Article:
Actually I was referring to the styles of malt or pure malt whiskys made by American distillers prior to Prohibition but that subject deserves a new thread over on the other American whisky forum.

petrel800
04-15-2013, 14:49
Personally, I enjoy both.

I'd be interested in participated in the distillery's journey to a properly aged product, whether it be wheat or rye based. A small release at a year, 2 years, and so on till we get to what you consider to be a properly aged product. Maybe released in a 375ml bottle. I would be interested in tasting the progression to the final product. Barrel proof if possible, but definitely no lower than 100 proof. I steer clear of most of the small barrel craft stuff, I haven't found that I enjoy them, one, and two, while some might, I disagree with the notion it somehow speeds up the aging process in making a traditional bourbon. If traditional bourbon is not your end game, that's cool, but just let me know up front.

I think tasting the progression would be neat, but I'm not sure if it would be realistic with all the labels and fillings with the .gov.

Alden
04-15-2013, 16:27
BTW, "you're" is a contraction for "you are". Look at the title of this thread.

Sorry, it just drives me nuts. :skep:

MyOldKyDram
04-15-2013, 16:28
Gotta let the grammar slide around here. Most of us is drunk.

Alden
04-15-2013, 16:35
Gotta let the grammar slide around here. Most of us is drunk.

:slappin::lol: :grin: :bigeyes:

Richnimrod
04-15-2013, 16:42
In my admittedly parochial opinion, the wheaters are great, or near great only after about 7- or 8-years. There are of course exceptions; but most wheaters are too mild (boring) when young. Some are still a little mild even at 12-years (Weller-12). Rye-based bourbons can be quite nice and UNIQUE (that's the key) depending upon aging position in as little as 4- or 5-years. Rye recipes left too long in outside/high rick positions can become too oaky in long aging. I believe wheaters are more forgiving in that regard. Just one man's experience/opinion. :rolleyes: Soooooo, to sum up I like 'em both, depending how they're aged, I guess. :cool:

kyrocklover
04-15-2013, 17:06
My personal preference would be a rye based bourbon between 94-106 proof. Something like a 57/38/5 mix with a #3 char.

tigerlam92
04-15-2013, 21:44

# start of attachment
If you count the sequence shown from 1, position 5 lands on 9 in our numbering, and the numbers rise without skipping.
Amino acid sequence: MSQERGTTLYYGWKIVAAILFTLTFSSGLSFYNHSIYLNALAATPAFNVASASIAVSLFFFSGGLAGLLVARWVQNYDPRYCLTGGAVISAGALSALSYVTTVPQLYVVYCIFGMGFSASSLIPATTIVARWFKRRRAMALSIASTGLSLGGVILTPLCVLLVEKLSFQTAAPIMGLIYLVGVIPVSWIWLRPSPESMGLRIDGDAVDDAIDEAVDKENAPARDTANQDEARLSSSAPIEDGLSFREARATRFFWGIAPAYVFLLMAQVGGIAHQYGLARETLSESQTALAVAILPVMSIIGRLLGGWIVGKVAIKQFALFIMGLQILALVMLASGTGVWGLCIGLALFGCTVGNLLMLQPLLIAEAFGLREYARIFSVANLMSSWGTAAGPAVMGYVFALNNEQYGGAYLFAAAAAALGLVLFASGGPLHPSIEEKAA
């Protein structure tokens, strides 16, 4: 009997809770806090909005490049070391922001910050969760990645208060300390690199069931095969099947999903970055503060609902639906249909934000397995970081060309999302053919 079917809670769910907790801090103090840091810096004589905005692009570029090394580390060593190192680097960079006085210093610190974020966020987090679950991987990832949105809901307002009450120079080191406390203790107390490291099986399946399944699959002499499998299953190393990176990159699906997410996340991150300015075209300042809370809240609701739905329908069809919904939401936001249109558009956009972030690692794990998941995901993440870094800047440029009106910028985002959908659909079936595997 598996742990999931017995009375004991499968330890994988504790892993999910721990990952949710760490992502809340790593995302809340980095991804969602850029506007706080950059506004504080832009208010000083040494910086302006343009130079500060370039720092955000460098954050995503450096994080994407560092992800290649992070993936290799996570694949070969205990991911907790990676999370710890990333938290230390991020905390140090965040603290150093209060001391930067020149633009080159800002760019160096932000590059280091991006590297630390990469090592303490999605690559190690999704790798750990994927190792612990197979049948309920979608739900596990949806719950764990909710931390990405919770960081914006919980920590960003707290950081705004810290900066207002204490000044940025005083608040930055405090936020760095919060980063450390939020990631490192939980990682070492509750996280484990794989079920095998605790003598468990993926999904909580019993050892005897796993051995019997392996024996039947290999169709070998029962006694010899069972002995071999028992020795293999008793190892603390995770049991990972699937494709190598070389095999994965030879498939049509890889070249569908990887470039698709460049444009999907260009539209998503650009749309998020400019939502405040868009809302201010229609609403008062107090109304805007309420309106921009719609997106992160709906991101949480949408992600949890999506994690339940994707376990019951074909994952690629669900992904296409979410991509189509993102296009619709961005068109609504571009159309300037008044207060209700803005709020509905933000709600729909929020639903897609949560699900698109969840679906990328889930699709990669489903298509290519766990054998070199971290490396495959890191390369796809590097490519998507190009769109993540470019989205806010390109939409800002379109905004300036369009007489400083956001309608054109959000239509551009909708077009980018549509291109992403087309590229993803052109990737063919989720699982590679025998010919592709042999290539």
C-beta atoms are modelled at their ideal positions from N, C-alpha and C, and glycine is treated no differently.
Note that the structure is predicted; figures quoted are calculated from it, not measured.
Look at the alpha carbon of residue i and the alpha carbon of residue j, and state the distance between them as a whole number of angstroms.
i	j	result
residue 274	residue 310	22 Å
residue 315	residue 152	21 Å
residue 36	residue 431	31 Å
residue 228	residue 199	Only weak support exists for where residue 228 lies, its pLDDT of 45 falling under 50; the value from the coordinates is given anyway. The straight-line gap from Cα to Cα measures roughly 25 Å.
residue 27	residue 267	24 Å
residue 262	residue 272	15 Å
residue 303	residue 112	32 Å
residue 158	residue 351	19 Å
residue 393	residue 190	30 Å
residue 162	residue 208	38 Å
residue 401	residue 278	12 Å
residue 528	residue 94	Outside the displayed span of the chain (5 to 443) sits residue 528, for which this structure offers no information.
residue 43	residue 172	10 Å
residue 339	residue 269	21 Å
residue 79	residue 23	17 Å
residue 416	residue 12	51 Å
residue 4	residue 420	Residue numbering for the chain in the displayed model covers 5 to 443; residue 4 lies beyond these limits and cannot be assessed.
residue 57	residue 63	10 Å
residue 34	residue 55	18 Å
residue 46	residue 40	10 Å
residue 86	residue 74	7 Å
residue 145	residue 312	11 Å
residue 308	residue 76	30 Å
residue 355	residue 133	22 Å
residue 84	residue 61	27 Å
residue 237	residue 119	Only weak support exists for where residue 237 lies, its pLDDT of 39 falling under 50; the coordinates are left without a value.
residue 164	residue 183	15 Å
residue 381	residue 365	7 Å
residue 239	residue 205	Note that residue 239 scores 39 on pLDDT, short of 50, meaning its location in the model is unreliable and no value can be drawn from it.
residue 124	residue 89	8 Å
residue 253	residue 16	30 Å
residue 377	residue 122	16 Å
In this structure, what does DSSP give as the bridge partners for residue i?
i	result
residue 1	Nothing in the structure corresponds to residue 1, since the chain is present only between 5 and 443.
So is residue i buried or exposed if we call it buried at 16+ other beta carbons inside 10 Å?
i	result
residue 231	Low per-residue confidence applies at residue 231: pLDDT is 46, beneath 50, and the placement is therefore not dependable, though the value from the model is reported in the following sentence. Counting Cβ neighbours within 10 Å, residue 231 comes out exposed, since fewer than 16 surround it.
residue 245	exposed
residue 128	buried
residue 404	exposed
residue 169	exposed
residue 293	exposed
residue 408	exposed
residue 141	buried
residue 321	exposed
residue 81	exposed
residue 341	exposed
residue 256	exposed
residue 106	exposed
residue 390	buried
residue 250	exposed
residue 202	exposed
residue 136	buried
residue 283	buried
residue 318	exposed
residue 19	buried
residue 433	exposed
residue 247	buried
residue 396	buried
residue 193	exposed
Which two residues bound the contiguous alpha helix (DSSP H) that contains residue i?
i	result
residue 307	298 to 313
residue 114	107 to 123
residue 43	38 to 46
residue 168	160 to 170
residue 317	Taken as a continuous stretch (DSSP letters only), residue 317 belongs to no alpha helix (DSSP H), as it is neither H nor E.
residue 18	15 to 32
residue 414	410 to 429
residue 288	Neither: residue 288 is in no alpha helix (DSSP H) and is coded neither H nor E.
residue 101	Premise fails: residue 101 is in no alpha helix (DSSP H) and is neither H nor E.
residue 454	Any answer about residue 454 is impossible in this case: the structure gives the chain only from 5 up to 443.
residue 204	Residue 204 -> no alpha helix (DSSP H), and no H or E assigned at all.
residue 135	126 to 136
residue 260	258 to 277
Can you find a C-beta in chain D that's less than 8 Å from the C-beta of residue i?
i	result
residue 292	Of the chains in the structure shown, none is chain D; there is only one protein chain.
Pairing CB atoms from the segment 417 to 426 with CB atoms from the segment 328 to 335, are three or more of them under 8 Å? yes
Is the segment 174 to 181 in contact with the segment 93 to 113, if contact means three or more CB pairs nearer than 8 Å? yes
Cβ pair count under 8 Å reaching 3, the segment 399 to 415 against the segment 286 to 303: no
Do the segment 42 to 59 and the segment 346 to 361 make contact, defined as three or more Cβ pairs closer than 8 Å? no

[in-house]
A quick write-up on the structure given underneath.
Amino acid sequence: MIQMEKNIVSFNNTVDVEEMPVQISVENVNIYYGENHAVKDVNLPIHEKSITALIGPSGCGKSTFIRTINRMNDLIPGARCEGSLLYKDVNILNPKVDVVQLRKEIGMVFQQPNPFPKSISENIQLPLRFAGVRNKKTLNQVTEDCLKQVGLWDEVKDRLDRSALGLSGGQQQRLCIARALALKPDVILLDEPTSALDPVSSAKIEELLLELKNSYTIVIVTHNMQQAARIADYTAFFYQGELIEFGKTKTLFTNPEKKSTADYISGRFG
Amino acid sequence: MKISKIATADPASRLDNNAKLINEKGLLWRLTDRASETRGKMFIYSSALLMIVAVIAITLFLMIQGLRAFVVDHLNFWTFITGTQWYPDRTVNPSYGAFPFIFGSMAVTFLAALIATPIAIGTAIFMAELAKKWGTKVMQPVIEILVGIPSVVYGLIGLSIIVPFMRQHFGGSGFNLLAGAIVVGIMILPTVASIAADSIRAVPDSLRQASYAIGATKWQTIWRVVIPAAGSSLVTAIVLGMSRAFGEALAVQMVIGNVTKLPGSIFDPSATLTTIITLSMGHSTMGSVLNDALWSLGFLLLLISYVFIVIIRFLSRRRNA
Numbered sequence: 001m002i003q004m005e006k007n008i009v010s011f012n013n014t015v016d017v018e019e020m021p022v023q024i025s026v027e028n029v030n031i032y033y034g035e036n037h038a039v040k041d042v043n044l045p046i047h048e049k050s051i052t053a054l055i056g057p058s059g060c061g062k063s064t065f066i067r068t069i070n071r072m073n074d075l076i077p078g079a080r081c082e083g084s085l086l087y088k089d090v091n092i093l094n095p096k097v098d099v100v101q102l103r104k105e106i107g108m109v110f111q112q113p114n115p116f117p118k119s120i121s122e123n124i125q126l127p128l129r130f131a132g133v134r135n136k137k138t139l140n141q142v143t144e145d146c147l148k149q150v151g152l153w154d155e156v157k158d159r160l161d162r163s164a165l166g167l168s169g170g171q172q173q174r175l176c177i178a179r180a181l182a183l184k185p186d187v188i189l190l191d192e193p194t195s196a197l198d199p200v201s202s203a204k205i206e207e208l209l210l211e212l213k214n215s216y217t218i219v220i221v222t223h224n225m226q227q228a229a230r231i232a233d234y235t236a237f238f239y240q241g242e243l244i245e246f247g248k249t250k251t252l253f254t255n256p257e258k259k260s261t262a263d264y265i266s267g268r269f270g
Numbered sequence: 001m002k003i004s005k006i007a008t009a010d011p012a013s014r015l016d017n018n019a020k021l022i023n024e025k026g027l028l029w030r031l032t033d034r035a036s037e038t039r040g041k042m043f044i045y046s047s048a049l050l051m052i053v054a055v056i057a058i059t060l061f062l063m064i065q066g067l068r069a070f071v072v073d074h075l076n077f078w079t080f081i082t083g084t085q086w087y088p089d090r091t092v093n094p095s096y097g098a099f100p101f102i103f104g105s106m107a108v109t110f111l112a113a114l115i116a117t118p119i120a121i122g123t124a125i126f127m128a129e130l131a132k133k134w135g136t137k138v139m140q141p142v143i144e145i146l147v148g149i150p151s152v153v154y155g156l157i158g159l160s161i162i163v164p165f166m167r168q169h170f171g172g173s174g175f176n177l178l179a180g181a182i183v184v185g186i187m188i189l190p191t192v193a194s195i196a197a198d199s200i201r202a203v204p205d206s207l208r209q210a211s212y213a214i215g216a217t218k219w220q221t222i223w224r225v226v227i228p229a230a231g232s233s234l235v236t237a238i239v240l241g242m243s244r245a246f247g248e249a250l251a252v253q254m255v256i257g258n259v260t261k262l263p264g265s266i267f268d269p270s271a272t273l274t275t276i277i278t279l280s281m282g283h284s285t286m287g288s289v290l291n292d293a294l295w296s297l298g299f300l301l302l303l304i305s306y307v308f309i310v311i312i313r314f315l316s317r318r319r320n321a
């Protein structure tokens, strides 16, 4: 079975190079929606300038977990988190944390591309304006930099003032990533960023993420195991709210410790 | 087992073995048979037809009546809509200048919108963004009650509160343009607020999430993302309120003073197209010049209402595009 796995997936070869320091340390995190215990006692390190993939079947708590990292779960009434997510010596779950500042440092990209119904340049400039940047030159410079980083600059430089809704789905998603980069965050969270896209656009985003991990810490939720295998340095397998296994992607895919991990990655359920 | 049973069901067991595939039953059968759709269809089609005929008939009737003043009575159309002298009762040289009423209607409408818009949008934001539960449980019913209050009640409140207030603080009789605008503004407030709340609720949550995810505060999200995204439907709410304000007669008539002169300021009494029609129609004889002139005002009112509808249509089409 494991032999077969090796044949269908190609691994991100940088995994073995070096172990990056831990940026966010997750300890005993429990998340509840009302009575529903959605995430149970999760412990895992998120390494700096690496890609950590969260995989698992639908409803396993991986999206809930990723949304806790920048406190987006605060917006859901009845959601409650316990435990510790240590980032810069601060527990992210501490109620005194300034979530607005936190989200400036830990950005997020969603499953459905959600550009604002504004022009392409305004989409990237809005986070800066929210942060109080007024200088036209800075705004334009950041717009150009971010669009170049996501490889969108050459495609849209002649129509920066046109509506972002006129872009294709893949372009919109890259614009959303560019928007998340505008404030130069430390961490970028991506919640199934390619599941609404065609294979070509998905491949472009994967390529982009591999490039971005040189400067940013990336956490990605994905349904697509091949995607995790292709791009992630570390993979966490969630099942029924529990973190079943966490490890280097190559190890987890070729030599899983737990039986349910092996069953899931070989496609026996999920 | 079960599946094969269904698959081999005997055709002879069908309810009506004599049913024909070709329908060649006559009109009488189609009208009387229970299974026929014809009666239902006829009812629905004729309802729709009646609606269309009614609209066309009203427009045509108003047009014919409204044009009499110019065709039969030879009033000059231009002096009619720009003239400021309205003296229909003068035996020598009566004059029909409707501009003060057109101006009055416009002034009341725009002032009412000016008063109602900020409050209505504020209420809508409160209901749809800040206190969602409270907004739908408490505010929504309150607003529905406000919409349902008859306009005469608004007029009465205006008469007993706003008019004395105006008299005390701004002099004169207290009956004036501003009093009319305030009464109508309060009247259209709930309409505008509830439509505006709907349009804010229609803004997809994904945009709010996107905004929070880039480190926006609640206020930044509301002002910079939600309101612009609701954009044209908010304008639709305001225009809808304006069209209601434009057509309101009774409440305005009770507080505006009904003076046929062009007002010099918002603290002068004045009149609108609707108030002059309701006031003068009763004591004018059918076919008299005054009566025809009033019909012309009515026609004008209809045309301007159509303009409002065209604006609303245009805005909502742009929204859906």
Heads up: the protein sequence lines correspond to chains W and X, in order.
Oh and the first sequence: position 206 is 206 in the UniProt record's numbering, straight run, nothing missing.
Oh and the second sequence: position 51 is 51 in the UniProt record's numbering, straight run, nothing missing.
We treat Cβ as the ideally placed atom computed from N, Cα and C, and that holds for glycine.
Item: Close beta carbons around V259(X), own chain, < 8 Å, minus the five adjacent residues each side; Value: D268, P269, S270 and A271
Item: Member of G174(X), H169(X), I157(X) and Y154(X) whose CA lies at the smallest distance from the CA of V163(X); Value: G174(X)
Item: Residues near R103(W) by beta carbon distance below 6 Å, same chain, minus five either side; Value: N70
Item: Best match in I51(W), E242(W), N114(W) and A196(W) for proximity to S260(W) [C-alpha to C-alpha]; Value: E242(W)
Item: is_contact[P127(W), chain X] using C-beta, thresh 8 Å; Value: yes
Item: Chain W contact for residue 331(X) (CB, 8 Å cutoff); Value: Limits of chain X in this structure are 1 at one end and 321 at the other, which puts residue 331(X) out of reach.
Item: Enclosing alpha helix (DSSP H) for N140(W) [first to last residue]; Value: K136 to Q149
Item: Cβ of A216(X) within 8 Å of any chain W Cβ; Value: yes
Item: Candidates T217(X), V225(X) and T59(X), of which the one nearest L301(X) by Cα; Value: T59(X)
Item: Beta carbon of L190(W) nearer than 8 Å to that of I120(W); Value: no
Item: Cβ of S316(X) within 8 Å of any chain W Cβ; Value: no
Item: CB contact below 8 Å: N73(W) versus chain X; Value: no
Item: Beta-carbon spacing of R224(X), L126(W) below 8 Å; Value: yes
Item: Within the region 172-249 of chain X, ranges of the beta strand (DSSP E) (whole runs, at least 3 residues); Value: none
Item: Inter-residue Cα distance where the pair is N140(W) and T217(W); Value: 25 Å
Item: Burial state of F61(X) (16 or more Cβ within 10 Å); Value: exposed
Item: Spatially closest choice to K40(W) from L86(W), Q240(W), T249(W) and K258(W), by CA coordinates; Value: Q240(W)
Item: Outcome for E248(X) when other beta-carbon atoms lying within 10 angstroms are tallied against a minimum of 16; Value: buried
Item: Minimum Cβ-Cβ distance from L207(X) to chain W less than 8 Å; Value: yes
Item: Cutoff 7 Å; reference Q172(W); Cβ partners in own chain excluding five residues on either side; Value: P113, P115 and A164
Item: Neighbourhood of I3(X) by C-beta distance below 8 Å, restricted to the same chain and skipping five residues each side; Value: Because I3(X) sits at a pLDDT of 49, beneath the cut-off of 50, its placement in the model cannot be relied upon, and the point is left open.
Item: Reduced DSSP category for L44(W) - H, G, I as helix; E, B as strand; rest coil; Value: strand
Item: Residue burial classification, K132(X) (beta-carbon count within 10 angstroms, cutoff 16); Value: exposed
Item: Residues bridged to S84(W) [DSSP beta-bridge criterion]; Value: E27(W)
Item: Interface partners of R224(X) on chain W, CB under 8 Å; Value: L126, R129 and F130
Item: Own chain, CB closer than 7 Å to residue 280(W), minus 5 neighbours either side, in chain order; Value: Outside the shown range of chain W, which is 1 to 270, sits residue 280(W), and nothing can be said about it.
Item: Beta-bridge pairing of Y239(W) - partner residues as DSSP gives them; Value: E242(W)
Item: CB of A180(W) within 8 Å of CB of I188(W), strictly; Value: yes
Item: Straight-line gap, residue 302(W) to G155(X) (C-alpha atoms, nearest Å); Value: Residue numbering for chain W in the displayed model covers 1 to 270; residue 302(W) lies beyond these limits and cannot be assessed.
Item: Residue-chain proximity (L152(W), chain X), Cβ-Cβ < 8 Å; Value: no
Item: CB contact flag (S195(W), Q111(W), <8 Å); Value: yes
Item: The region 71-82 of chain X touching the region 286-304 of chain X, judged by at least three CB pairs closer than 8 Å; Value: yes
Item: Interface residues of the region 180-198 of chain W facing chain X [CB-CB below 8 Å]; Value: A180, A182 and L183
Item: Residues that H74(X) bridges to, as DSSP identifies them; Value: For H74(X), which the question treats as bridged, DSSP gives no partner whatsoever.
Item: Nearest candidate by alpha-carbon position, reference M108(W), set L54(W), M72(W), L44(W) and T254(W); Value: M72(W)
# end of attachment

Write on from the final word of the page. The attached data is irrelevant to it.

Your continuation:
Great wheat bourbon only here.

Thanks
Hugh

TomH
04-16-2013, 12:08
I guess I would be firmly in the wheater camp with my bourbon bunker containing 67% wheaters to 33% rye bourbons

JPBoston
04-16-2013, 12:43
I like both pretty much equally. Wish there were more reasonably priced, upper-shelf Wheaters available, though (such as KC, OGD 114, FRSmB in the rye camp).

Now that I think of it, I don't know any wheaters in that 25 to 35 dollar price range. But maybe I haven't been looking hard enough.

fishnbowljoe
04-16-2013, 15:03
Most of the people that have been around here a while know my preferences. But for all you new folks, I love me some wheaters. :yum: Yes the t-shirt will be worn again at the Sampler. :rolleyes:

FWIW, I'm having some Weller 12 as I post this. :grin:

Cheers! Joe

gblick
04-16-2013, 23:04
My favorites are wheaters at 107 proof and 7+ years old.

Special Reserve
04-17-2013, 01:59
Most of the people that have been around here a while know my preferences. But for all you new folks, I love me some wheaters. :yum: Yes the t-shirt will be worn again at the Sampler. :rolleyes:

FWIW, I'm having some Weller 12 as I post this. :grin:

Cheers! Joe

Nice picture Joe!

ratcheer
04-17-2013, 05:24
I much prefer high rye bourbons, especially the RHF/Blanton's/ETL, Wild Turkey, and Old Grand Dad brands.

Tim

darylld911
04-17-2013, 09:53
I am definitely more of a rye kind of guy. I wouldn't be afraid to go above 100 proof, and I like the earlier suggestion of a 40% rye mashbill.

WildernessTrace
04-17-2013, 14:07